Photo: Jeff Sciortino

In June, three Chicago doctors traveled to one of the most dangerous places on earth: Aleppo, Syria. “Before I left, I wrote letters to my loved ones, because it might have been a one-way trip,” says Samer Attar, an orthopedic surgeon with Northwestern Medicine. “Just in case I was killed.”

With entire swaths reduced to rubble, Aleppo has been almost destroyed by Syria’s nearly six-year-long civil war. When the doctors arrived, the only way in was the deadly Castello Road, a two-lane highway littered with rotting corpses, bomb craters, and the smoldering remains of cars. “The road to hell,” remembers Zaher Sahloul, a critical care specialist at Advocate Christ Medical Center in Oak Lawn.

Attar, Sahloul, and John Kahler, a pediatrician with Access Community Health Network, reported to the only remaining hospital in Aleppo, code name M10, which operated in secret. It was one of the Russian-backed Syrian government’s primary targets. “There’s a saying in Syria that if you kill a doctor, it’s as good as killing 100 soldiers, because you are killing all the future patients that the doctor can treat and you’re taking away hope from a community,” says Attar.

Attar stayed for two weeks, and Sahloul and Kahler each stayed for four days, the maximum time they could take off from their jobs in Chicago. They treated civilians injured by sniper fire and bombs but also those with mundane yet still critical needs—a diabetic who required insulin, for example. They worked in the basement to minimize dangers posed by bombings. “Every few minutes you’d hear an explosion, and the physicians would tell you what kind of ordnance it was,” recalls Kahler. “Or they’d say, ‘Move away from there, that’s where the snipers are shooting.’ ”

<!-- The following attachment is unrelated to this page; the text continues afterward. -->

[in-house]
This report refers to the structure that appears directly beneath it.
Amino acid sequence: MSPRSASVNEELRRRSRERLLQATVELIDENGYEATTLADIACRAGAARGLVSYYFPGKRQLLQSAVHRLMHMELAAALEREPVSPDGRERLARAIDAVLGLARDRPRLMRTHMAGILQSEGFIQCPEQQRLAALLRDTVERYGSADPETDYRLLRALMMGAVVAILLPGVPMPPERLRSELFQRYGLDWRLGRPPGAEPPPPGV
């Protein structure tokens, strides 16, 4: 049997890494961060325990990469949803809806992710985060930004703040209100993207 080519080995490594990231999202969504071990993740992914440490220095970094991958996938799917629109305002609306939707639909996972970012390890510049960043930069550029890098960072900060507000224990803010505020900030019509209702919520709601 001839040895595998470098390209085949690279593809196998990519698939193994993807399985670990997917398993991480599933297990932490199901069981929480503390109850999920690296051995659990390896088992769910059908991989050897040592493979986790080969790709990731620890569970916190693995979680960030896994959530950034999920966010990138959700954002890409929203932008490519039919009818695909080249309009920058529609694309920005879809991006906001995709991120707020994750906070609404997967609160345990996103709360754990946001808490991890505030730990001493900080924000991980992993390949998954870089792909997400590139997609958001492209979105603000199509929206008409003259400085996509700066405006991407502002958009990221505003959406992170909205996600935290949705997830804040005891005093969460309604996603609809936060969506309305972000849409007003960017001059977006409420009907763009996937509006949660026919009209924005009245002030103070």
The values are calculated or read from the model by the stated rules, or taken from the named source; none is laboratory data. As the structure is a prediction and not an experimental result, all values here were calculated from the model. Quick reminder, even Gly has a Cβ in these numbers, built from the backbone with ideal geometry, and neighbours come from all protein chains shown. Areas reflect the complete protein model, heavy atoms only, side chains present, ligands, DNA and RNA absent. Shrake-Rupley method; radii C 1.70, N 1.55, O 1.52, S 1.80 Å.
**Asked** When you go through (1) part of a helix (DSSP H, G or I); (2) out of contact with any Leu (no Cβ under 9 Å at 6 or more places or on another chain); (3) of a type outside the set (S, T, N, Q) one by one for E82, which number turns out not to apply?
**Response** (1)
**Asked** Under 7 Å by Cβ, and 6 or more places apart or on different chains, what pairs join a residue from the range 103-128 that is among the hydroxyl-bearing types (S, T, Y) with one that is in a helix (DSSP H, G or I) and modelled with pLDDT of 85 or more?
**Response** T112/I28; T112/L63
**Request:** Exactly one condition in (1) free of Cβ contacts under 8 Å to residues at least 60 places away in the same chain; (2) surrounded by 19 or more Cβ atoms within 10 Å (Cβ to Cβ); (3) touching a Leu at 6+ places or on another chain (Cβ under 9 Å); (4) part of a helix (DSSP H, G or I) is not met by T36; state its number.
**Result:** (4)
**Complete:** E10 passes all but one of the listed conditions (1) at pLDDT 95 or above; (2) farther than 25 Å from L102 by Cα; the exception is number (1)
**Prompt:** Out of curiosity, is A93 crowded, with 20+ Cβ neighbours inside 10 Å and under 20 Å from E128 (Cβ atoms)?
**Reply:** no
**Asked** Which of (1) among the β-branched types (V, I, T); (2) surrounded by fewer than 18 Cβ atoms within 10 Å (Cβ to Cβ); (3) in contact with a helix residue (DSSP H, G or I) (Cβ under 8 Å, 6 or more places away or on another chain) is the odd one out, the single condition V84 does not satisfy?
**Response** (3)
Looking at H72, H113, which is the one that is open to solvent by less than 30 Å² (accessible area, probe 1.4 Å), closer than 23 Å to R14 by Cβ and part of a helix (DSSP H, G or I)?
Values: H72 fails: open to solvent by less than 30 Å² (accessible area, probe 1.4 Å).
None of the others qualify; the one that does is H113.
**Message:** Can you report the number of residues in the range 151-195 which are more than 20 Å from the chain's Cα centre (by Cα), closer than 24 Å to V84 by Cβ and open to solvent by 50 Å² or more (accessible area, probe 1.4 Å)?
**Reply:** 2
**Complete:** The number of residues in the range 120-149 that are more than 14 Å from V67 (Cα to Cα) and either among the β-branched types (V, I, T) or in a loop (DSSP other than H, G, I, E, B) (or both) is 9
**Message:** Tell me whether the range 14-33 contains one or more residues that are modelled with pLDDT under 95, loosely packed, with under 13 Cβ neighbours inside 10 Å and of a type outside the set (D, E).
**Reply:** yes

The three doctors view their efforts as a small way to stand up against the world’s inaction in the civil war. They also wanted to help the Syrian doctors and nurses who exemplify why they practice medicine in the first place: to help people where and when the need is greatest. Since the war began, Sahloul has been on 14 medical missions in Syria, and Attar has been on three. This was Kahler’s first trip to Syria, though he’s been part of aid operations elsewhere.


For Sahloul, who was born and raised in Syria, and Attar, who is of Syrian ancestry, there’s also a terrifying question: Are they witnessing the beginning of the end of their homeland? “When I look back, I don’t want to say that I wasn’t there for the Syrian people,” says Attar. “That I wasn’t there for a heritage and a culture and a people who have been a part of me since I was growing up.”

Castello Road is closed now, and no international aid has entered Aleppo since July. If and when there’s a route into the city, the doctors say, they will return. “I’d go tomorrow if I could,” says Kahler. But not to M10. In early October, the hospital was bombed beyond repair.